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Future Proof Regulation



Policy makers tend to formulate answers to yesterday’s problems. The reason is straightforward. It takes time to observe a problem, to analyze the causes of a problem, to identify instruments addressing these causes, and to implement these instruments. By that time, the world may have changed. The selected instruments may no longer yield desirable effects. This chain of events raises an important question: how to develop “future proof regulation”?
In order to develop future proof regulation, the first step is thinking about what the future may look like. Obviously, the future is uncertain. One way to address this uncertainty, is to develop scenarios. Scenarios can be used to test actual or proposed regulation. The evaluation of alternative options depends on the costs, the benefits and the risk attitude of the policy-maker.

Course objectives

By the end of this course, students will be able to:

  • Systematically investigate policy-relevant future developments.

  • Critically assess whether (existing or intended) regulation is future proof.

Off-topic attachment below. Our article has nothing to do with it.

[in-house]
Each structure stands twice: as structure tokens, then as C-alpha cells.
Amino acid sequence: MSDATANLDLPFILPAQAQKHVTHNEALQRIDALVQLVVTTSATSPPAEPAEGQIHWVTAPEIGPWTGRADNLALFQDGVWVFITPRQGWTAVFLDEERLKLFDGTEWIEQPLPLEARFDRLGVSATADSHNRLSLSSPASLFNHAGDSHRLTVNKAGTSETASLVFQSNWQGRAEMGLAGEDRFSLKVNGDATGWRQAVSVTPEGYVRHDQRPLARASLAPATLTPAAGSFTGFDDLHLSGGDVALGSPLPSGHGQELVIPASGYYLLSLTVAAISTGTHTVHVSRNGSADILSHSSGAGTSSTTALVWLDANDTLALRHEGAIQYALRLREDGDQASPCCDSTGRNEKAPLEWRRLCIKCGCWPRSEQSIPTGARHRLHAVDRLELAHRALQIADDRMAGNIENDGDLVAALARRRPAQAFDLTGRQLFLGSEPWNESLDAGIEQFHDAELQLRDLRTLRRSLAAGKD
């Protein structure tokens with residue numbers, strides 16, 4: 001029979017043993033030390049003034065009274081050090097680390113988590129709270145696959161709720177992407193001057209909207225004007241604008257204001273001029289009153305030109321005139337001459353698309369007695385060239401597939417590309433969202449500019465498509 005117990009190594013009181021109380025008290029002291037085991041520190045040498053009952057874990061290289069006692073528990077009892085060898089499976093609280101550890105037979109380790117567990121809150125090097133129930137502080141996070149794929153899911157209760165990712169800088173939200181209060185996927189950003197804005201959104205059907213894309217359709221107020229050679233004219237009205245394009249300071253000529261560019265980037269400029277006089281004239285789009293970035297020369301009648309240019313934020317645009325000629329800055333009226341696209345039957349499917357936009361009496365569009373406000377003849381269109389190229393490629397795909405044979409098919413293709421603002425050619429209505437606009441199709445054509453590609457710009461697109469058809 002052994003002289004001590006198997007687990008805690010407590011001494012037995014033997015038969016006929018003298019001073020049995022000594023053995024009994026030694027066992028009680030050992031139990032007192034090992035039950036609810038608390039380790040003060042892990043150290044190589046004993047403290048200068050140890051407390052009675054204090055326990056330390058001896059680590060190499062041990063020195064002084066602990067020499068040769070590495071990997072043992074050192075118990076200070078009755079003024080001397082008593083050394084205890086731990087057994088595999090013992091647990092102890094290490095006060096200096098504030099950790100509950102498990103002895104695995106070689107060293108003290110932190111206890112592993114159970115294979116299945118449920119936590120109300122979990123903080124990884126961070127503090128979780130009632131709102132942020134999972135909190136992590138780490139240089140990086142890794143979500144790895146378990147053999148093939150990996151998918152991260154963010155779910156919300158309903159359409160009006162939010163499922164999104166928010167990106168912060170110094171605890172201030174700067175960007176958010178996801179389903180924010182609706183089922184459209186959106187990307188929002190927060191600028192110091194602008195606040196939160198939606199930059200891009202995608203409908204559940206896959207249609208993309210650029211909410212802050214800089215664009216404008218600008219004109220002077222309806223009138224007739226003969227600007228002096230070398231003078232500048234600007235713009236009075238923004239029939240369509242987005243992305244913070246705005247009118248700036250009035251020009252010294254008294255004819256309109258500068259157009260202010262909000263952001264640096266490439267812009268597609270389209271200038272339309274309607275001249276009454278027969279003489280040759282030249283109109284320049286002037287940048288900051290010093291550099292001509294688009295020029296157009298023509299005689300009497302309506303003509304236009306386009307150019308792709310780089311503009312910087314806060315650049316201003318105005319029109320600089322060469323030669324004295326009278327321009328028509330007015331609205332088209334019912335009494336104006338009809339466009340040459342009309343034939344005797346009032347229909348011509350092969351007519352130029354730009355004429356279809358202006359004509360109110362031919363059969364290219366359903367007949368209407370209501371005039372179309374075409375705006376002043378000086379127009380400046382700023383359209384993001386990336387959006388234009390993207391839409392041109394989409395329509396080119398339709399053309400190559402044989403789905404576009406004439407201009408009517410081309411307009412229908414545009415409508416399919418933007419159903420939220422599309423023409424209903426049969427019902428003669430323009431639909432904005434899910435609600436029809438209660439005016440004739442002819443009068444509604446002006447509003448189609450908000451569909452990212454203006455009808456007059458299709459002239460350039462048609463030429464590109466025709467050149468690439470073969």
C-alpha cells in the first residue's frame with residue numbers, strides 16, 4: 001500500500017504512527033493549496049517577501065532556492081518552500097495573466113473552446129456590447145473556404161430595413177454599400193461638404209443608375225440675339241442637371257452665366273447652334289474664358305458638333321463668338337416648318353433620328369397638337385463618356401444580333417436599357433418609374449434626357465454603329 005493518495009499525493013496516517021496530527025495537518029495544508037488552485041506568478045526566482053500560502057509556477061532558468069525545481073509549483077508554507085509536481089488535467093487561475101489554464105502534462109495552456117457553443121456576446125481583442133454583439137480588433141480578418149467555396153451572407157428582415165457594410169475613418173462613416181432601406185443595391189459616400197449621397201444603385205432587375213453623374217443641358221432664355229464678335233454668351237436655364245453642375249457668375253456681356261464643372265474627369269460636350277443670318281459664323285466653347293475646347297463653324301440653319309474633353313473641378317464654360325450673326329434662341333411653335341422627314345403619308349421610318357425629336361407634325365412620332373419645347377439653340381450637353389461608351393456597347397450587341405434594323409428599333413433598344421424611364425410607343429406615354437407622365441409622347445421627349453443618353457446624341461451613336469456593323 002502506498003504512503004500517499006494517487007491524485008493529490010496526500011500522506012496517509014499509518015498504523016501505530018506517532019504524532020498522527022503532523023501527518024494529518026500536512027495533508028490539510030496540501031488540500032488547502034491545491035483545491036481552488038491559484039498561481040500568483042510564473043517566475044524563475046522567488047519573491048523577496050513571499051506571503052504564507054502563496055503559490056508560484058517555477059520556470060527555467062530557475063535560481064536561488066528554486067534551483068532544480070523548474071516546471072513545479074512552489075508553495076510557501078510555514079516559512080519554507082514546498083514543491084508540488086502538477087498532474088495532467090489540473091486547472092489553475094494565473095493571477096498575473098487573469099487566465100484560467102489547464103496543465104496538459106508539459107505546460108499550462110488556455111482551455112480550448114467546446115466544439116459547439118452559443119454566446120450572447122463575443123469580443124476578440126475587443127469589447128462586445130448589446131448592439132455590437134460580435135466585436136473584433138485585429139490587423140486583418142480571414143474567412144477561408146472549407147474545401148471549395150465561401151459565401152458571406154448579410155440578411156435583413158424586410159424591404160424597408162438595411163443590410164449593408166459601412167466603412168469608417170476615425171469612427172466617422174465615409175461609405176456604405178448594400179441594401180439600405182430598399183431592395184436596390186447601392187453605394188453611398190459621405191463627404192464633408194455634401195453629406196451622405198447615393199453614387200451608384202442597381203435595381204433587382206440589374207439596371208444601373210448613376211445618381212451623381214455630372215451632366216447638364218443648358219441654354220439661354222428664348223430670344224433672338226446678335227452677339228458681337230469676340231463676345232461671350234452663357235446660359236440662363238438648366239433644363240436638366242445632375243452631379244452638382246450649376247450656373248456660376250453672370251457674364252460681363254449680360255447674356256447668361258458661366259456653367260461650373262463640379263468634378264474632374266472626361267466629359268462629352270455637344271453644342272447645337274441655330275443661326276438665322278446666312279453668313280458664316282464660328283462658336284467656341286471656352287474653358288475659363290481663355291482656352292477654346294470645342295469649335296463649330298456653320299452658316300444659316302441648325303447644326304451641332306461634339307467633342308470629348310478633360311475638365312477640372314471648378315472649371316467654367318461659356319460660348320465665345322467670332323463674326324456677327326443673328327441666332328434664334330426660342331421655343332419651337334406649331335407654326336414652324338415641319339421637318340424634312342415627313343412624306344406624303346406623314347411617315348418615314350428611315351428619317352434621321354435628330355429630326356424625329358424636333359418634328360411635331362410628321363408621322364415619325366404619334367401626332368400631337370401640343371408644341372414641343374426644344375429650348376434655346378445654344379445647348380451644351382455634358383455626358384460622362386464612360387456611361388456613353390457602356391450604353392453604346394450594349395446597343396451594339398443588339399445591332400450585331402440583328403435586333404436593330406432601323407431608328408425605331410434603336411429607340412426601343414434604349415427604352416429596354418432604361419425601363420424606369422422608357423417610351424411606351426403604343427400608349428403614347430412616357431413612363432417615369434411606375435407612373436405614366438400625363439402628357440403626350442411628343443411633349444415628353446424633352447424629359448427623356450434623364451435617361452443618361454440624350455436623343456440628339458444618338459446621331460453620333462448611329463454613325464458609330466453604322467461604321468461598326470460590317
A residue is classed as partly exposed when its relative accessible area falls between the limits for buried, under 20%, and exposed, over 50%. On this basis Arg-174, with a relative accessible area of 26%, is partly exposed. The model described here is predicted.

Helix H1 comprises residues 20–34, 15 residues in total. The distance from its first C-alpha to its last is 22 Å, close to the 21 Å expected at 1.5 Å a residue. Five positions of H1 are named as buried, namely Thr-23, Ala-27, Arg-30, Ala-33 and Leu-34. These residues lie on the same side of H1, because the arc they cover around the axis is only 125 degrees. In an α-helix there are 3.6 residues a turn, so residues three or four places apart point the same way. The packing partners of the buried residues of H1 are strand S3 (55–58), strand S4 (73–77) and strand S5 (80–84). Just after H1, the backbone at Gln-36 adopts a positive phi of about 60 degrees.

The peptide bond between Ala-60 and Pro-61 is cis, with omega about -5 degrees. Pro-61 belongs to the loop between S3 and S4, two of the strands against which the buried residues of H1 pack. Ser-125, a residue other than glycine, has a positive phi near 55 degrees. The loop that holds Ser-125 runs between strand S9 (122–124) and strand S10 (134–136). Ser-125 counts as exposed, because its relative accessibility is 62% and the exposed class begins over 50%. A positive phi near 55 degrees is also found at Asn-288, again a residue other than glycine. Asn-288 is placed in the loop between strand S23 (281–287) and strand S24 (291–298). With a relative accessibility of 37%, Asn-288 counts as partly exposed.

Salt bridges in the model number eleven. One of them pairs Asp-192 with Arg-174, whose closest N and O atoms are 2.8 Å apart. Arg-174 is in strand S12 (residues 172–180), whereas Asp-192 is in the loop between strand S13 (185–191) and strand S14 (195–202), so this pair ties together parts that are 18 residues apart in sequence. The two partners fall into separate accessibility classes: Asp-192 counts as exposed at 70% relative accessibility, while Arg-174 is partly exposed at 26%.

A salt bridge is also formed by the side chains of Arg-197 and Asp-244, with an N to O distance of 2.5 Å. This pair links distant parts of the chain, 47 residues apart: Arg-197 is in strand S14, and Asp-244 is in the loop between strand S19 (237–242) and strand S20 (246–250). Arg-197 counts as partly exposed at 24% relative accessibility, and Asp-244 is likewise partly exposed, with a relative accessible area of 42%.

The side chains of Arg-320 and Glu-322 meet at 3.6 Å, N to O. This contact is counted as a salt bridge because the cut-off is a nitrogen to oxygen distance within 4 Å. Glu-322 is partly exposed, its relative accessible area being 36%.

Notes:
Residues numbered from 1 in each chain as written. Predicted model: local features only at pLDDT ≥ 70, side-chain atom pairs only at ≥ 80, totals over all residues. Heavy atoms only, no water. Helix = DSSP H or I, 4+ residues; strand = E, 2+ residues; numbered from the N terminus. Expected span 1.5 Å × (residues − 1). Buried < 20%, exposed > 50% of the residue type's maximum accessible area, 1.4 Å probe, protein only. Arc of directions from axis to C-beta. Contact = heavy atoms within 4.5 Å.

• Advise policy-makers on the development of future proof regulation.


On the Public Administration front page of the E-guide you will find links to the website and timetables, uSis and Blackboard.

Mode of instruction

The course consists of interactive seminars. Attendance and active participation is compulsory.

Course Load

  • Total course load 140 hours

  • Hours spent on attending seminars 21

  • Time four studying compulsory literature and completing assignments 119

Assessment method

Grading will be based on a final written assignment (100%). Attendance and active participation in the seminars is required.


Blackboard will be available one month before the start of the course.

Reading list

TBA, see blackboard.


Use both uSis and Blackboard to register for every course.

Register for every course and workgroup via uSis. Some courses and workgroups have a limited number of participants, so register on time (before the course starts). In uSis you can access your personal schedule and view your results. Registration in uSis is possible from four weeks before the start of the course.

Also register for every course in Blackboard. Important information about the course is posted there.


Peter van Wijck